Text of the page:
Tai Chi for fitness

Discussion in 'Tai chi' started by idols11, Jan 10, 2016.

  1. El Medico

    El Medico Valued Member

    Yup,no argument there. TC's basic prohibition of it as a practice in the system shows that TC is not a grappling system,but a typical Chinese "boxing" system,where bending backwards in that context is often a way to lose and hit the floor.
    Oh,yeah?? Well I'm gonna disagree with NO respect!;)

    I know exactly what you're talking about and I get what you're saying,G.I just think that's stretching it somewhat.Unless someone is in pitiful shape I don't think "target practices",which are power issuing exercises,are going to create much,if any, noticeable gains in absolute strength.I don't think anyone's bench, squat,nor muscular endurance is going to be affected by these practices.

    It's more work strengthwise to toss that medicine ball 10 or 15 feet than to issue into a person and hurl them the same distance.At least in my experience.

    If I hit a bag and make it move is that weight training? Sort of, I guess,by your definition. I wouldn't consider it such,tho'.

  2. YouKnowWho

    YouKnowWho Valued Member

    If you ask 10 Taiji guys, at least 7 guy will say that Taiji is more grappling art than striking art. For example, Taiji PH has no striking but pushing.

    Last edited: Jan 14, 2016
  3. Dan Bian

    Dan Bian Neither Dan, nor Brian

    "Fit" for what??

    "Fit" to run a marathon? No...

    "Fit" to swim the English Channel? No...

    "Fit" to enter a power lifting competition? No...

    Tai Chi can help improve general health; range of motion, stress release, balance, posture, light flexibility, high blood pressure - a host of other conditions, many of which are brought on by a sedentary life-style. You could say; "Tai Chi can make an unhealthy person 'fit' to lead a better quality of life".

    Is it particularly better than other systems, such as Yoga, Alexander Technique etc? It's not Tai Chi's [original] primary purpose. A lot of Tai Chi methods are based around 'fighting drills', even if that meaning has been lost today; ie, an elderly lady doing 'Grasping the Sparrows Tail' is doing the same drill as the 'Taijiquan fighter' but the intention is different.
  4. aaradia

    aaradia Choy Li Fut and Yang Tai Chi Chuan Student Moderator Supporter

    Depends on the elderly lady and the school. We have some elderly TCC ladies at our school with quite a bit of martial intention in their moves.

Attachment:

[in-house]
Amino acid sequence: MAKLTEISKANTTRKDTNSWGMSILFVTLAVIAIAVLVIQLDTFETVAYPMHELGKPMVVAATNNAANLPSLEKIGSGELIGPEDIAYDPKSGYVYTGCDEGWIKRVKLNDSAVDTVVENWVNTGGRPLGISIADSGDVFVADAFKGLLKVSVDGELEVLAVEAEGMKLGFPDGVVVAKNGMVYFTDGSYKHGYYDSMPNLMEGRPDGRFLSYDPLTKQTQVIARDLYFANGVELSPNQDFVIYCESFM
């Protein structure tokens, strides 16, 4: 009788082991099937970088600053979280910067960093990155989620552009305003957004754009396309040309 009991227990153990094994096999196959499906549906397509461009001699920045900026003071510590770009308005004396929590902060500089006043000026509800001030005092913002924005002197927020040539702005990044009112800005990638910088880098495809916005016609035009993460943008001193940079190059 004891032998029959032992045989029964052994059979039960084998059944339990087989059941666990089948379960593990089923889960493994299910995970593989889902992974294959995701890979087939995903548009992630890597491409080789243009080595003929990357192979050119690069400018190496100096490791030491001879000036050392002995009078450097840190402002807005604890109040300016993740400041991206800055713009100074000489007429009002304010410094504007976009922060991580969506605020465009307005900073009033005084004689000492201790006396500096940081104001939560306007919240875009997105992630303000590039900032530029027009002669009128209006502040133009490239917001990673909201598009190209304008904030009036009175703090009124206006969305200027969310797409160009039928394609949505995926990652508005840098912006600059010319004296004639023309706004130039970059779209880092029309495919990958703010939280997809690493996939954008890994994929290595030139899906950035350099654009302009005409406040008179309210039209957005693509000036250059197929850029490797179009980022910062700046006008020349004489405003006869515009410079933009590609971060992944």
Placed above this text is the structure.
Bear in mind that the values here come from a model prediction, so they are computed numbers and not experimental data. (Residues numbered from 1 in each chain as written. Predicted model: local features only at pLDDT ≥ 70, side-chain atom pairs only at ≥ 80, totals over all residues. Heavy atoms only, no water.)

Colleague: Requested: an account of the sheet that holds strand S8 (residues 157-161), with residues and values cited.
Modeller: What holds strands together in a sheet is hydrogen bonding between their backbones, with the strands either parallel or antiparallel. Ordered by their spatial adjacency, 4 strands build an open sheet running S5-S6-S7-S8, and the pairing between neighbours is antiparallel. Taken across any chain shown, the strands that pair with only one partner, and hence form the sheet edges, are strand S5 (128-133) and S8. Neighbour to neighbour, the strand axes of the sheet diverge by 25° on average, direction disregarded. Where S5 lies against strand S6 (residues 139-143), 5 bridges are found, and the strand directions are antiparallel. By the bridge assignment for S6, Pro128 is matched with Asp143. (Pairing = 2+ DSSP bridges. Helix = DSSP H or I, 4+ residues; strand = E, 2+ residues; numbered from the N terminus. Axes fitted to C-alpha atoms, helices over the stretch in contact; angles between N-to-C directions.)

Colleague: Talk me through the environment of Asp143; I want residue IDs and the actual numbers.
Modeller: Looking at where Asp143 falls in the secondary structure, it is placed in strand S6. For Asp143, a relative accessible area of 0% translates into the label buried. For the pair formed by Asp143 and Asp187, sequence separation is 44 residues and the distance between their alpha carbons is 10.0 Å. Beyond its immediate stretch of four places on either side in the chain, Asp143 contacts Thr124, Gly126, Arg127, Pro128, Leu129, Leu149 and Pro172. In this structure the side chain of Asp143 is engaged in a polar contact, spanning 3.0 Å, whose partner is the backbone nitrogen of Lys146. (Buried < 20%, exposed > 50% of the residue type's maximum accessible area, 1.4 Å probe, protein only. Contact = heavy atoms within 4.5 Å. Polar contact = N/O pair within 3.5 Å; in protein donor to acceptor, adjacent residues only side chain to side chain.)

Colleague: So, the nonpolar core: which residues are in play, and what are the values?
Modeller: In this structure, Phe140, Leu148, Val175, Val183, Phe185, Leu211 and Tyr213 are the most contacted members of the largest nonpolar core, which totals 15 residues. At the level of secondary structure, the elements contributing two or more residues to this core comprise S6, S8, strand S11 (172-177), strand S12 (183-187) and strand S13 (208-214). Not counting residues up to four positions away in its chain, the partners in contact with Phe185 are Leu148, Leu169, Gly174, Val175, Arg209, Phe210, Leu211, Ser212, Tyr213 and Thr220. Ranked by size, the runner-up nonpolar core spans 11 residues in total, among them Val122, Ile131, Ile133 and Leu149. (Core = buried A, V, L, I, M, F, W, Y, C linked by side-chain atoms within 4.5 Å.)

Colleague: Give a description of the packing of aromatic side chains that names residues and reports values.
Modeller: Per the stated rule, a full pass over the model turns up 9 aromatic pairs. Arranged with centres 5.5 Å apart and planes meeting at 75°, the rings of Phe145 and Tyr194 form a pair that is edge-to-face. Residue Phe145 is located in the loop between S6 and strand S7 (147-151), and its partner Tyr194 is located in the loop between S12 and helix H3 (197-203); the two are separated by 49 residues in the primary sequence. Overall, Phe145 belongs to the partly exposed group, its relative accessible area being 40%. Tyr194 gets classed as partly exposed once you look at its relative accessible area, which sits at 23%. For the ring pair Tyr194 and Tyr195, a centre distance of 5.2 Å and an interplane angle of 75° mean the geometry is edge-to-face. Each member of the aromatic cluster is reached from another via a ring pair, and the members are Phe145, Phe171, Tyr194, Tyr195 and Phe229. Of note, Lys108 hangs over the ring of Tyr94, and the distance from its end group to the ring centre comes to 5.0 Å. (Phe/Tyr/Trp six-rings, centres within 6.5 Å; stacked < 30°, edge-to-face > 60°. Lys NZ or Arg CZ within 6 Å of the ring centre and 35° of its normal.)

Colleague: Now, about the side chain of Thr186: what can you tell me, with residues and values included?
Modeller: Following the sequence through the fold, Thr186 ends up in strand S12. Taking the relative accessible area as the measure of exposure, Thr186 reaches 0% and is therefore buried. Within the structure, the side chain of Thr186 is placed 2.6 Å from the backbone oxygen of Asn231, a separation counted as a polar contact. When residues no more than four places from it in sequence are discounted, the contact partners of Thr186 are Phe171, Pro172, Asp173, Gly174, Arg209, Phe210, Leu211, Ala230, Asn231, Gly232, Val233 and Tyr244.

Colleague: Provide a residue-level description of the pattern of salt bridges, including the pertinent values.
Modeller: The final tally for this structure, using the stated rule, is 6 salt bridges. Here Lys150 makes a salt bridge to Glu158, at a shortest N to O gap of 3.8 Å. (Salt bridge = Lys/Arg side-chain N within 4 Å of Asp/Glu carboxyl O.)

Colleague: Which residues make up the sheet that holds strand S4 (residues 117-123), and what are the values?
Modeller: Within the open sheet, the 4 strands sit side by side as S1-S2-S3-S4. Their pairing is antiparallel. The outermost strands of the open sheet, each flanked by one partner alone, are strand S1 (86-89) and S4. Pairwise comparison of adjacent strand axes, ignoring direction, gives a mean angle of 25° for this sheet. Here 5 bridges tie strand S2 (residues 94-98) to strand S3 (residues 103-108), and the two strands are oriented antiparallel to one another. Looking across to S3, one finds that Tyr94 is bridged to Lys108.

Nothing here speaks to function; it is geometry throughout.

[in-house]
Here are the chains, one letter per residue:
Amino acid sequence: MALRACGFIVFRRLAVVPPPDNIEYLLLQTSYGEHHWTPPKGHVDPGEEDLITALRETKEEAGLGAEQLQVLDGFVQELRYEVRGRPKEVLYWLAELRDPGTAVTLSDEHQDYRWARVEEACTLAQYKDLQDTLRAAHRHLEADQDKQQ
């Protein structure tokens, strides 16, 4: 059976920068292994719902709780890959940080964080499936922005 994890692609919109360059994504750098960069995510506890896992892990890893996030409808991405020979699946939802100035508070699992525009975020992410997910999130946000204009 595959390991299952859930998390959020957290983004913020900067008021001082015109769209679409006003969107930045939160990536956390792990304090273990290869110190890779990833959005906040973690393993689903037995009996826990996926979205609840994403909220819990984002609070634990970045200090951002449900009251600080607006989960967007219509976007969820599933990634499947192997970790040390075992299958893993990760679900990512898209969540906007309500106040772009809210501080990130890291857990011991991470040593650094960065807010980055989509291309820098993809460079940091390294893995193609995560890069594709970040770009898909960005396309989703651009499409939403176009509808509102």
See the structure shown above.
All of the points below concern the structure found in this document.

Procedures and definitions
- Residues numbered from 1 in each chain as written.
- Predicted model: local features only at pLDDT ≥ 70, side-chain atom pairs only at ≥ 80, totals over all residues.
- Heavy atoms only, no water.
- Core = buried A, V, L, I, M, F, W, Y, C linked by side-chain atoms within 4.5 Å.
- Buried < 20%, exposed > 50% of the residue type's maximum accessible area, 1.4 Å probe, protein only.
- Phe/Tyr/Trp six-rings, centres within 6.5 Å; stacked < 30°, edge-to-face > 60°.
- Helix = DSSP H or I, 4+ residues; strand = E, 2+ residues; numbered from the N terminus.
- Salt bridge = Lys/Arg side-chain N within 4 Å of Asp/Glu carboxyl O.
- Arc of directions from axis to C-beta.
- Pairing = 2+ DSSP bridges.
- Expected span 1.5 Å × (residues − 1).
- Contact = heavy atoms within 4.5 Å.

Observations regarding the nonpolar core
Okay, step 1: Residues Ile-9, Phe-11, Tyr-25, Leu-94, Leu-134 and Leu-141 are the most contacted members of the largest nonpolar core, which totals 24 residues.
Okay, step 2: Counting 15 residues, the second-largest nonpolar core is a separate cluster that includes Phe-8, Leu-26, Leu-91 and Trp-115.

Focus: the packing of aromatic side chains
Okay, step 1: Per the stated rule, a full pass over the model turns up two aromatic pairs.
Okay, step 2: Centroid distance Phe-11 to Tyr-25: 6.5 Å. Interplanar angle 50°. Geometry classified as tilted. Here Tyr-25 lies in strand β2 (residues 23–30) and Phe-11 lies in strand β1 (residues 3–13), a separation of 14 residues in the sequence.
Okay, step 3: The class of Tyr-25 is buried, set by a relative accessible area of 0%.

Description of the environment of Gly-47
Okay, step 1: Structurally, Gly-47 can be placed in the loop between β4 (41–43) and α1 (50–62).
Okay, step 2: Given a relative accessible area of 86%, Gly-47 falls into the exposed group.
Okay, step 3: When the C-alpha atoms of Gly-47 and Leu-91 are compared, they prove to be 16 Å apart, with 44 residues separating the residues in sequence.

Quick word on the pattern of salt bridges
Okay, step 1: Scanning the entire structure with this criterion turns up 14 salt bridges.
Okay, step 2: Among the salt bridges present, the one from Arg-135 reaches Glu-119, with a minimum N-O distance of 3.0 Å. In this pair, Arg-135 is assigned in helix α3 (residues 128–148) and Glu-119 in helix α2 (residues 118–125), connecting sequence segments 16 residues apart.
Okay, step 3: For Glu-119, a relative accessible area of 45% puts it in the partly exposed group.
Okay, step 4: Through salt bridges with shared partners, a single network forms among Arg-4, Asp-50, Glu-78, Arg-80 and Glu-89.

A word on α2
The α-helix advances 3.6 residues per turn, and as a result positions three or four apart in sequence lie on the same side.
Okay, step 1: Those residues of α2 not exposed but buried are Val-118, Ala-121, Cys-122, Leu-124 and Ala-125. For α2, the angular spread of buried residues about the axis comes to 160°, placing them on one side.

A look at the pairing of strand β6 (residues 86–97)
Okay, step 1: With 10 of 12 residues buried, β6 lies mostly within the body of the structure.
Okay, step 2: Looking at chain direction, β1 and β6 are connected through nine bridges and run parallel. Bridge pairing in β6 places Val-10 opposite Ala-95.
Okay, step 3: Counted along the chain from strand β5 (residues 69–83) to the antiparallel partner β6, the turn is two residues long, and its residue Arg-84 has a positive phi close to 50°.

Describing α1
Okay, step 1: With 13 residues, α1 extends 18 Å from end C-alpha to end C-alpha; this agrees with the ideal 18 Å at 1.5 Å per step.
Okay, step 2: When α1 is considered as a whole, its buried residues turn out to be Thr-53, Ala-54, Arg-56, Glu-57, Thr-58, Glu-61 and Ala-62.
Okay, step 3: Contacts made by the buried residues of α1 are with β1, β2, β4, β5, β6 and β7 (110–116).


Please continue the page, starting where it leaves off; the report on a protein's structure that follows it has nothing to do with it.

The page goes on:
I mentioned before our student in her 70's who used her TCC successfully do defend herself when someone reached over her to grab her phone out of her hand. She just reacted without thinking and the guy was on the ground with a good kick from her before he got up and ran away.

    Intention can be martial if taught properly and it is what the student wants to learn- even little old ladies.

    Other than that, I agree with what you said.
  5. Dan Bian

    Dan Bian Neither Dan, nor Brian

    Sorry, I used "elderly lady" to blanket-reference the average "leisure center" class :)
  6. aaradia

    aaradia Choy Li Fut and Yang Tai Chi Chuan Student Moderator Supporter

    It's all good! I knew the point behind your statement.

    It's just as a 50 year old woman, I am a little oversensitive to "old lady" references- LOL!:p Because I am getting there!
    Last edited: Jan 15, 2016
  7. cloudz

    cloudz Valued Member

    Maybe.. but as with most exercises you can up the intensity and with different partners the weight. Sometimes I was training with big dudes that weighed more than me and we would go at it with pace, a person can also up their resistance level to you.

    I can well envisage soft low intensity practice, but it doesn't have to be that way.....

    I get that it's not an orthodox way to think about "weight training" or even this kind of push hands drill. But it's useful for what I want to develop. At the end of the day I want better power issuing with the method I use to issue. It makes a lot of sense if you want power training from TCC 2 person work. It's more power than strength training due to the nature of it - explosive type work against some weight/resistence.

    It is what it is, and that won't change. Labels be damned.
    Last edited: Jan 15, 2016
  8. PsychoElectric

    PsychoElectric Valued Member

    Yes and No you wont get fit. Thanks please come again.
  9. aaradia

    aaradia Choy Li Fut and Yang Tai Chi Chuan Student Moderator Supporter

    Sorry, but you are new here, so I don't have a frame of reference for your input. You don't list your martial arts experience on your profile page. What is your TCC experience to be drawing this conclusion from?
  10. El Medico

    El Medico Valued Member

    To address the 2nd point 1st-That's because ph is a training method for specific skills-mainly neutralization and issuing.(Altho' there are methods and times when some striking can enter,but if there's too much it will cease to be ph and ya might as well just free spar in that case).P.S.-most ph methods don't contain much grappling-mainly because you'd end up with two guys grappling,which would no longer be ph.In practice of ph things can happen in the moment,yeah.But it's not something one aims for.

    OK,on to your first statement.

    How old are those 10 guys?Our age?Guys that started in the 60s or 70s? Or guys that came up after the introduction of ph tourneys,or who have heavily emphasized the same? Seriously,where were all the people,including those who showed plenty of such grappling applications,who were touting TC as a stand up grappling system prior to the birth and explosion of ph tournys? I don't find this sentiment expressed pre-late 1980s.